Honest and heartfelt, frank and funny, Aly’s story is enhanced with never-before-published photos, excerpts from the personal journals she’s kept since childhood that chronicle memorable moments with her teammates, and hard-won advice for readers striving to rise above challenges, learn to love themselves, and make their own dreams come true.

MORE: Hernandez sets return to gymnastics training

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Katie Ledecky reacts to Olympics adding 1500m freestyle

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Katie Ledecky is focused on qualifying for the world championships this week, but the sport’s biggest recent story, regarding the 2020 Olympic program, greatly impacts the five-time Olympic champion.

The IOC added three swimming events for the Tokyo Games — a mixed-gender 4x100m freestyle relay, the men’s 800m freestyle and the women’s 1500m freestyle — on June 9.

Ledecky holds the world record in the 1500m free — no other woman has swum within 13 seconds of it — and captured the last two world titles.

Many believed the women’s 1500m free should have been on the Olympic program years ago, since the men have been contesting the event at the Games since 1908.

The women have swum the 800m freestyle at the Olympics (which the men do not) since 1968. Of course, Ledecky won the last two Olympic golds in that event.

Last year, Ledecky advocated for adding the men’s 800m free and women’s 1500m free to the Olympics. She also stressed not wanting to drop the women’s 800m free for the women’s 1500m free.

Now, she can swim both in Tokyo, granted she wants to and finishes top two in those events at the Olympic Trials. Both are to be determined.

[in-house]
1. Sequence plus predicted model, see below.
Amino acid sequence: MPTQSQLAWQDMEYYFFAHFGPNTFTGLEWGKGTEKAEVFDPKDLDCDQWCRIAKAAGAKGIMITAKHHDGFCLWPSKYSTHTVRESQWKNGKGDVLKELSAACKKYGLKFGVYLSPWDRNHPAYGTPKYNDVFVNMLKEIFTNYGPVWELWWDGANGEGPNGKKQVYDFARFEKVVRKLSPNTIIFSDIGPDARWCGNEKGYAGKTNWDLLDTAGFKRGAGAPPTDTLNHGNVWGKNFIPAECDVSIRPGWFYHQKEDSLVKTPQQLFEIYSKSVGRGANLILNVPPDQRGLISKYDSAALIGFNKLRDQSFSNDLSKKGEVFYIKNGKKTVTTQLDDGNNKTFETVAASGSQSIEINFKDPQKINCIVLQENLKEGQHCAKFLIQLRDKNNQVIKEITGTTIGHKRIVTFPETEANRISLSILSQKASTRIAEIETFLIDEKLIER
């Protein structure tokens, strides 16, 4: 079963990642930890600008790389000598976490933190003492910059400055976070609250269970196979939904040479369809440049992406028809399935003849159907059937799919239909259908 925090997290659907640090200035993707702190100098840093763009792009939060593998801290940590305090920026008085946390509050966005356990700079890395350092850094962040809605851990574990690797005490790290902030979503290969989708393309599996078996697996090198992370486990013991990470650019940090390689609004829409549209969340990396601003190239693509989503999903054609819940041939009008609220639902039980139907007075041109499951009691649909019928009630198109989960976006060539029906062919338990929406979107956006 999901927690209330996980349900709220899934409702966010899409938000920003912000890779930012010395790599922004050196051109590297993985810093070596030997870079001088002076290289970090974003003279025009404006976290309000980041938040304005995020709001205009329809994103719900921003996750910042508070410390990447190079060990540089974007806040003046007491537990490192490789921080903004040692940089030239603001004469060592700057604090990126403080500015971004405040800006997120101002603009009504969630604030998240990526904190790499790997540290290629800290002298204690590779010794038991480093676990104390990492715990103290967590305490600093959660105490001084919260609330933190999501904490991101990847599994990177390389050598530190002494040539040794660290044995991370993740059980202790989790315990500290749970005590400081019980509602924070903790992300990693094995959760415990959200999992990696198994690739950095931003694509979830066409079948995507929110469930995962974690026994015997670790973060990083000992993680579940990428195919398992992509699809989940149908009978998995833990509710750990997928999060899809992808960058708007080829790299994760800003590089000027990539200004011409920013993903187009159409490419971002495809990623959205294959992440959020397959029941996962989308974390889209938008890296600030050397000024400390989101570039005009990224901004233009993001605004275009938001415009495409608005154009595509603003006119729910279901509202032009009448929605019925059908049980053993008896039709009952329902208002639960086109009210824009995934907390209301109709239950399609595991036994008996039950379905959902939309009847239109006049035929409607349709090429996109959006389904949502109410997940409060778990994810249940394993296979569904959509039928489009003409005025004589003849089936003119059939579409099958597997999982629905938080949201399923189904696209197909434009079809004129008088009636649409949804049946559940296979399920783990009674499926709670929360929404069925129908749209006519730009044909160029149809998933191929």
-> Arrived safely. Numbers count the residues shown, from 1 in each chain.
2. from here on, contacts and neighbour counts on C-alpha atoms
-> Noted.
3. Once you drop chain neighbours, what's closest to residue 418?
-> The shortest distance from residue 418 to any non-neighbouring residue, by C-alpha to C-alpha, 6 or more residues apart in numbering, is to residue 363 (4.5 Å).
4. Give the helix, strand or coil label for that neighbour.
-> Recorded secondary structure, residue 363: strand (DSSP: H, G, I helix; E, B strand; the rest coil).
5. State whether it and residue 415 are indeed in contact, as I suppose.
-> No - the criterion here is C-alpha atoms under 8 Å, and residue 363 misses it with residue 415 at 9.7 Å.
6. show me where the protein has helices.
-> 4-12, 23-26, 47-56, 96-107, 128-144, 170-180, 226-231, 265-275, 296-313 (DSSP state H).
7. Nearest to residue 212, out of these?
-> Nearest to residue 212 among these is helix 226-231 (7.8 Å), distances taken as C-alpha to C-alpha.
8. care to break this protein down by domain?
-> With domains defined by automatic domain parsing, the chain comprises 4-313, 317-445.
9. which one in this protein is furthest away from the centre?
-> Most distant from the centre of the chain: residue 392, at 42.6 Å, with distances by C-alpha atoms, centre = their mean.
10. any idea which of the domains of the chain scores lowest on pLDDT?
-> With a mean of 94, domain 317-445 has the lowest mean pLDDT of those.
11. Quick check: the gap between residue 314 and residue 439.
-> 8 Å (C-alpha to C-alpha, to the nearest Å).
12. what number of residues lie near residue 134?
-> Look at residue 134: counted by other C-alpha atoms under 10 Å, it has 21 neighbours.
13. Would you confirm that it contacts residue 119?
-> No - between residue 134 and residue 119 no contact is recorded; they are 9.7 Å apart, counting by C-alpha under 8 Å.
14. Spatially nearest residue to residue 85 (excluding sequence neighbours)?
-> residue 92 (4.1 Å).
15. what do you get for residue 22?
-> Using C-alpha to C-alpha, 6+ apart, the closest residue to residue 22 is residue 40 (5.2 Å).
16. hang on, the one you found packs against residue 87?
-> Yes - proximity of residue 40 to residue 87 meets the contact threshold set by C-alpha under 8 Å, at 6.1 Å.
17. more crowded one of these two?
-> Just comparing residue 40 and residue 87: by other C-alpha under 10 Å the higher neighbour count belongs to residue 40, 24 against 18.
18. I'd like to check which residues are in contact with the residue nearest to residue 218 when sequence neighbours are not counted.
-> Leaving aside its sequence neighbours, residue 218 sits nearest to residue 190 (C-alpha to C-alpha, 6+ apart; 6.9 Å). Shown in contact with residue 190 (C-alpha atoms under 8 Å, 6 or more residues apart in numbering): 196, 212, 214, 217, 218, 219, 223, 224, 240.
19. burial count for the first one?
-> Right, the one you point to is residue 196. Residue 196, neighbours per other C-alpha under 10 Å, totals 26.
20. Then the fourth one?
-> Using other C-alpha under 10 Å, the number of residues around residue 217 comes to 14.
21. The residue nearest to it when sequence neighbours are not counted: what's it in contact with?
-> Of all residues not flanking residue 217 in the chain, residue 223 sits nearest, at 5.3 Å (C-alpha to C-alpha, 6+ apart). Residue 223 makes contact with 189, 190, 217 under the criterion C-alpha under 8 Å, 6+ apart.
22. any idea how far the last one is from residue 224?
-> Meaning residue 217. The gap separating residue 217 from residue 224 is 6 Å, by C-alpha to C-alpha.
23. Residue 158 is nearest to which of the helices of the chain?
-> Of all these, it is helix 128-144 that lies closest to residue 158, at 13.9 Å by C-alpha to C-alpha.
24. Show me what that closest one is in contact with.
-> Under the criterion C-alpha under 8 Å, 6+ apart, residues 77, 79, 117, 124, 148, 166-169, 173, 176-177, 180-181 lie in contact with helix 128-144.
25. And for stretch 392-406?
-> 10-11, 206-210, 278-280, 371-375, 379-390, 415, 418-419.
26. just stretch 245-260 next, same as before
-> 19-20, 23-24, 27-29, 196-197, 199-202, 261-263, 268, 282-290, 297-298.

“Adding the 1500m was a long time coming,” Ledecky said Monday in Indianapolis, ahead of the USA Swimming National Championships, part of the TeamUSA Summer Champions Series, presented by Comcast. “It’s good that there’s parity in the men’s and women’s distance events now.”

MORE: USA Swimming Nationals broadcast schedule

In a press conference, Ledecky spoke for nearly two minutes on the subject.

She hasn’t set any goals for the 2020 Olympics yet. Nor did she commit to wanting to swim the 1500m in Tokyo, where she could try to sweep the 200m, 400m, 800m and 1500m frees, like she did at the 2015 Worlds.

“Obviously, the 1500m will have to be in the conversation now,” Ledecky said. “It’s good that the sport isn’t static. I mean, the world isn’t static. If you look at the history of swimming, events have been added over time. Women had a lot fewer races back in the day. I’ve met some female swimmers who swam in the ’60s and didn’t have the opportunities that we had in terms of the events. I think there was only a 100m and 400m free at one point [before 1968]. And then they added the 200m. Then they added the 50m in 1988, I think. So, over time, more events have been added. I think the 1500m fits right in there this year. It’s a good opportunity for swimmers moving forward. Hopefully, it will encourage some young kids to try out some distance swimming.”

Ledecky actually might not swim the 1500m free at nationals this week, where she could qualify for the 200m, 400m, 800m and 1500m frees at worlds in Budapest next month. And earn a place on the 4x100m free relay.

She will start off with a 100m and 800m free double on Tuesday in Indianapolis.

The 1500m is on the last day of the meet Saturday, but Ledecky will earn a 1500m place on the worlds team if she wins the 800m.

The 100m free is the only event on her program this year that she did not swim at this meet four years ago.

Ledecky ranked No. 5 in the U.S. the last two years in the event, making it possible that she could qualify to swim it individually at worlds by finishing top two on Tuesday.

But she made no mention of that on Monday.

“I’m swimming the 100m because I like to contribute to that relay,” she said. “As long as I’m pushing the other girls, then we can get some good times up there. Hopefully whoever’s on that relay can compete for a top medal.”

MORE: Lilly King to be less vocal on Yuliya Efimova topic this summer